In Rochester in 2004, we celebrated womanist, feminist, mujerista, and LGBTQ movements. We worshiped at Spiritus Christi, a Roman Catholic church excommunicated for ordaining a woman and for blessing gay unions. I still remember Mary Ramerman painting a mental picture for us of church hierarchs barging into the sanctuary like cops responding to a bomb threat, seeing her celebrating the mass and shouting, “Step away from the altar!” Kaye Fox shared the challenges and joys of her life as a transgender woman in ministry. Pilgrimages included the site of a vibrant matriarchal Iroquois society, and historic sites related to the suffrage and abolition movements.
We took the pedagogy of story to a different level with the 2005 school in Minneapolis, focused on the life of William Stringfellow: street lawyer, lay theologian, author, and connoisseur of the circus. We spoke of “biography as theology,” hearing from friends close to him and exploring his insights about the principalities and powers, which continue to shape radical discipleship in our current age of empire.
“Faith and Labor” was the focus of our 2006 Memphis school. There, as in Greensboro, I had a particularly acute sense of stepping into history. We walked through the Lorraine Motel where Dr. King was assassinated, now a Civil Rights museum. And we heard testimony from brave souls who were part of the sanitation workers’ strike that had brought him to their city.
Labour issues were also central in the Tarheel, NC, school in 2007. There, on a hot summer day, we held a protest vigil at Smithfield Packing, the world’s largest hog-slaughtering plant. Rev. William Barber led us in a rally and prayer service. Plant workers spoke of injuries and deaths caused by unsafe working conditions, heavy lifting, and fast, repetitive tasks. Former worker Elsa Garza related her heartbreaking story of losing her job when she needed to take time off to care for her sick daughter.
In Detroit in 2015, we added “soil” to Word & World’s focus on the intersection of “seminary, sanctuary, and streets,” with a school focused on land and water. We visited urban farms and learned about the land grab by banks and corporations that is destroying low-income neighbourhoods. We heard the tragic stories of a few of the thousands of Detroiters who have had their water shut off under the racist and illegal rule of an emergency manager. And we celebrated hip-hop and other creative Detroit cultural expressions.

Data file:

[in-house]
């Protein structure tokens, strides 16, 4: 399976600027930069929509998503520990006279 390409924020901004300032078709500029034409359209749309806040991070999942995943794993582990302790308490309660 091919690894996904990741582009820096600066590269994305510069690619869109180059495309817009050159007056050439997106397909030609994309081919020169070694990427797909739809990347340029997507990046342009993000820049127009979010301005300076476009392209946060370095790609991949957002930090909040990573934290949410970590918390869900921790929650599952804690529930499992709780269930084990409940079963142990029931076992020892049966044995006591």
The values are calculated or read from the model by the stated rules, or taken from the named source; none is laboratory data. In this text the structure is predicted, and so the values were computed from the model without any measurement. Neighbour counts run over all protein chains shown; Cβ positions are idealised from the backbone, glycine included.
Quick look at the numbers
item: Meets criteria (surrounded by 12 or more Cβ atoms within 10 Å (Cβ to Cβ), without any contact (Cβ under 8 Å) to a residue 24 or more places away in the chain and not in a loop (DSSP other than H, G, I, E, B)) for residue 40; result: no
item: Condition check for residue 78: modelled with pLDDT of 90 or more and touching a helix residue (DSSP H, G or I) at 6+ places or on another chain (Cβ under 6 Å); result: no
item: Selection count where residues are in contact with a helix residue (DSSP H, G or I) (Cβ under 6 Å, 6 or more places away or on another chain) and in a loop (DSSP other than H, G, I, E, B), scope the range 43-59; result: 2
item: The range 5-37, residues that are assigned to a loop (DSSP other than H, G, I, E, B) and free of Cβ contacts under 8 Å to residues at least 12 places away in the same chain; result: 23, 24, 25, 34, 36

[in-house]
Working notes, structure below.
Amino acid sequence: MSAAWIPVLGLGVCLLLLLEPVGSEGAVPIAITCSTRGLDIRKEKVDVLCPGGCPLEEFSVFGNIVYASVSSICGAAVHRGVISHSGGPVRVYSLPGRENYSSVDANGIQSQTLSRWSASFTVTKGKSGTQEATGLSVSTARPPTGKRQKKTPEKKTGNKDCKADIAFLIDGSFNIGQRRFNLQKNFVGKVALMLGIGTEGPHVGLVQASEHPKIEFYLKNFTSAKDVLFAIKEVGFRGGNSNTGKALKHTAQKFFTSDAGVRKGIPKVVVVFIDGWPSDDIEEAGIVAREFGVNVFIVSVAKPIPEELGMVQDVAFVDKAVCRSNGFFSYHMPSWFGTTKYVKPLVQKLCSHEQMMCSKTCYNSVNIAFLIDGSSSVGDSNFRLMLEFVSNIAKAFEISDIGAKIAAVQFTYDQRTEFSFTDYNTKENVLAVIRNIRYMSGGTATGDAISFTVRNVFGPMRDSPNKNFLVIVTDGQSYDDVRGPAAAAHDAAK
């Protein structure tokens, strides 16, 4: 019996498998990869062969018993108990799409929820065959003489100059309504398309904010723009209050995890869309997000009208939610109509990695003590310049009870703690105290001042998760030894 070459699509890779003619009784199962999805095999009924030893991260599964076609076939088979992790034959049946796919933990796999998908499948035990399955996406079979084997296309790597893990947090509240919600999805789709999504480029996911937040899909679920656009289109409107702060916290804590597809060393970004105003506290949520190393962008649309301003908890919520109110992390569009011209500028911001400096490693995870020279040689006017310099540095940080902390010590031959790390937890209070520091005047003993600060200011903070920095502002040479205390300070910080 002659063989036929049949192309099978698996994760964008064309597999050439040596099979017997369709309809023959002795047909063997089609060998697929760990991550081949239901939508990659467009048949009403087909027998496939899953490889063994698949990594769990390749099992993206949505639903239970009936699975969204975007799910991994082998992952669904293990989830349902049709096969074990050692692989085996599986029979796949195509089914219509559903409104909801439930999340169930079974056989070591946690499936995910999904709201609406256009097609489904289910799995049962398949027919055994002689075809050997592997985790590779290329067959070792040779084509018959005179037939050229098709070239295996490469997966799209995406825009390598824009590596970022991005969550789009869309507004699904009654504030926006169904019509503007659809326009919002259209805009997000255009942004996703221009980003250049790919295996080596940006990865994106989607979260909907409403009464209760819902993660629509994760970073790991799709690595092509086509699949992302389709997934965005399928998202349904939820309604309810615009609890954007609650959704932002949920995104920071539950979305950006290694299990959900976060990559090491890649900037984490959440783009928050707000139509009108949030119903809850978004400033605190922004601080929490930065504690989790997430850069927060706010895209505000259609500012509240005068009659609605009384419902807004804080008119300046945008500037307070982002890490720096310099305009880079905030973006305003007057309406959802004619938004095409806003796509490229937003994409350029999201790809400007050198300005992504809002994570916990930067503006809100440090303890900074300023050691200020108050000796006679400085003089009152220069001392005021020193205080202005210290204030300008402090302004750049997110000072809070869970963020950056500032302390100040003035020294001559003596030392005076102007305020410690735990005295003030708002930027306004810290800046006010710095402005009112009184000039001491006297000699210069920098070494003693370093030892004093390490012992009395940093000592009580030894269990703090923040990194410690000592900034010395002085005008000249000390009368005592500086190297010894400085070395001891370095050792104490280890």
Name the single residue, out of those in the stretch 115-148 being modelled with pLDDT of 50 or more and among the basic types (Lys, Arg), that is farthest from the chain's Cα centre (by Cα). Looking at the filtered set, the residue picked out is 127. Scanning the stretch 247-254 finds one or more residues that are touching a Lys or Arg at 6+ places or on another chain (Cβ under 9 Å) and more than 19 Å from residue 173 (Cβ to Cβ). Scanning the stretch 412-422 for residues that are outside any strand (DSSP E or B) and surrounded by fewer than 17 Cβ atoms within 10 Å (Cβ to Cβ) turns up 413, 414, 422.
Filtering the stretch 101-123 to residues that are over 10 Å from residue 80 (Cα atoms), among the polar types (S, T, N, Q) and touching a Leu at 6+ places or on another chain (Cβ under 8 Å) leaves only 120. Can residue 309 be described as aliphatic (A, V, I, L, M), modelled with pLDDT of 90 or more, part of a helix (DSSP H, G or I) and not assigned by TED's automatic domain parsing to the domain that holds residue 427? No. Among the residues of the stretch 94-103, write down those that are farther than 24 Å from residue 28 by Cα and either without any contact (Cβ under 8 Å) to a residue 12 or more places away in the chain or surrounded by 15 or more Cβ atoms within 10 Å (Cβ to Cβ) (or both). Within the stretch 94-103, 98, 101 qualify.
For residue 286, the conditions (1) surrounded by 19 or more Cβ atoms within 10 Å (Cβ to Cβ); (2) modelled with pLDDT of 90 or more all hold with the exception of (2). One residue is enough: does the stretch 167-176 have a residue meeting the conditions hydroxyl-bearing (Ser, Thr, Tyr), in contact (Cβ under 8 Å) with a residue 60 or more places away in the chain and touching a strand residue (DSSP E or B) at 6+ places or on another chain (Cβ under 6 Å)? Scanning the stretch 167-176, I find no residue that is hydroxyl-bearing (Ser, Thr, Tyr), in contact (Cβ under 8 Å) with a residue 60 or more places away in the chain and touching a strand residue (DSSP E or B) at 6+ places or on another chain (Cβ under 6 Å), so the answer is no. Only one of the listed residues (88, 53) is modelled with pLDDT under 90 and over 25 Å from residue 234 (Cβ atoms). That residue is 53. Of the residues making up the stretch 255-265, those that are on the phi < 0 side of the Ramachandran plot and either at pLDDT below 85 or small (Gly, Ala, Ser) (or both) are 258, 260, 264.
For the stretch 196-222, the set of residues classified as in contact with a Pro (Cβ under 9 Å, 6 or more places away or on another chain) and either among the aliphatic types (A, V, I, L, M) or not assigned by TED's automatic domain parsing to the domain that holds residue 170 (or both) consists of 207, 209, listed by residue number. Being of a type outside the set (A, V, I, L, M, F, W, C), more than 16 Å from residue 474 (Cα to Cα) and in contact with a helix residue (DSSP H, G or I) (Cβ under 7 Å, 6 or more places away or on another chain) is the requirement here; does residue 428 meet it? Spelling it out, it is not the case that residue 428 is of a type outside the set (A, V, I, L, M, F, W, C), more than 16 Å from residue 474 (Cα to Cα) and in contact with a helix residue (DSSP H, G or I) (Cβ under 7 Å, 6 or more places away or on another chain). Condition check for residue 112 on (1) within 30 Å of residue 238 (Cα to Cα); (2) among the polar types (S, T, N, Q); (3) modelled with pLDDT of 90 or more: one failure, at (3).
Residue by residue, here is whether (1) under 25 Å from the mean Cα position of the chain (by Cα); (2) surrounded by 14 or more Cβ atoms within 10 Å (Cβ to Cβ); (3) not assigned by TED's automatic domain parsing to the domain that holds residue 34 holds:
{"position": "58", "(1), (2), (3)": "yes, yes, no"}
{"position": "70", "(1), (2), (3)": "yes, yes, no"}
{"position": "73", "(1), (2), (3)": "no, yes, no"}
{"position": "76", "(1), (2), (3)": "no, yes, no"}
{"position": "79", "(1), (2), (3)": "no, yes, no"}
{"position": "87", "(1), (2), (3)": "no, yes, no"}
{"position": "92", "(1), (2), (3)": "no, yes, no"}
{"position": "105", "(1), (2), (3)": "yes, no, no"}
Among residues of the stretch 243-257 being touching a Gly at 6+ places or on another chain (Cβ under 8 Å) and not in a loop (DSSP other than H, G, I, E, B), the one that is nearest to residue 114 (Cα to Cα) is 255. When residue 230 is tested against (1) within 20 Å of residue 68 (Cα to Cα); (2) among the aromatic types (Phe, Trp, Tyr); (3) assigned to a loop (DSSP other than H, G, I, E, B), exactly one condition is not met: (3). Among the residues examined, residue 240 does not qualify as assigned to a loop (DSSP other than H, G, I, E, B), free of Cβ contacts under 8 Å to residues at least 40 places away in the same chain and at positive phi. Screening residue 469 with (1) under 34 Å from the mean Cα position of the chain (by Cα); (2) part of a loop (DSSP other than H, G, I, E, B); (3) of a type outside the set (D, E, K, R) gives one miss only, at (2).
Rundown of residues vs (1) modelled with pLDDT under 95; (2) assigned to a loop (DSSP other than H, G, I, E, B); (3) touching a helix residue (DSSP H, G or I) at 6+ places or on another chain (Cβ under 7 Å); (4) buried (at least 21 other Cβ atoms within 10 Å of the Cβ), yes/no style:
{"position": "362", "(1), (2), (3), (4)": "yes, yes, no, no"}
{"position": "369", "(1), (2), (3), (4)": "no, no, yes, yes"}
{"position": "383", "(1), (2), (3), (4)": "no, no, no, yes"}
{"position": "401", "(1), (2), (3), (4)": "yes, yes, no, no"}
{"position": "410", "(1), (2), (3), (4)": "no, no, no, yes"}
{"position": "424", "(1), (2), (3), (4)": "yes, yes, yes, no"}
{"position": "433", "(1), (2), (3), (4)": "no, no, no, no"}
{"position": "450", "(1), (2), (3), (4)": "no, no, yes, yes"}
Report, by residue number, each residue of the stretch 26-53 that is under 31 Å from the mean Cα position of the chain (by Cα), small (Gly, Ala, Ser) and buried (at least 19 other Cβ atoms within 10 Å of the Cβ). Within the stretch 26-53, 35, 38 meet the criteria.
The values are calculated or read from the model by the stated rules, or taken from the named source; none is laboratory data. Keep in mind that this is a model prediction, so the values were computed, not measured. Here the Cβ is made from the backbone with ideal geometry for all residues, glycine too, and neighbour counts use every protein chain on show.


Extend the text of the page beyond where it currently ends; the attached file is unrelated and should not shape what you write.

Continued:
It feels a little breathtaking now to consider all the extraordinary people we met and the breadth and depth of their stories, only a fraction of which there’s time to mention. Such an abundance of courage to shower us with hope! God has been whispering in a lot of ears—and probably shouting in a few.
During the early years of Word & World, I was part of an oral history project. My colleagues Milton Hurst, Susan Mitchell, and I travelled throughout the U.S. Southeast, collecting stories from elders who were part of the last generation to attend schools that were founded just after the Civil War, by and for people newly emancipated from enslavement.
One sweltering July day, as we were driving home through miles of cotton fields outside Tougaloo, Mississippi, Milton told us that, when she was young, his enslaved grandfather’s sister had tried to stop some white men from beating an enslaved man. They hung a millstone around her neck and drowned her in the Alabama River. For the next few hours, Milton shared with us the family legacy of tragedy and triumph that had shaped his eight decades of life and his powerful ministry.
He believed that one of our problems today is that we do not tell the stories of courage to younger generations. He said, “To relive history in the retelling of the story means that you’re informed about survival…It also gives more than a hint about those specific places where God has deliberately touched down and moved a church or a people.”
We inhabit an era in which strong forces are aligning to shut down the stories. Whether through banned books, trumped-up terror campaigns about Critical Race Theory, or relentless efforts to rewrite history, no effort is being spared to bury the truth. In such a time as this, the stories are more critical than ever. And I am grateful to be among people who know and embrace their power.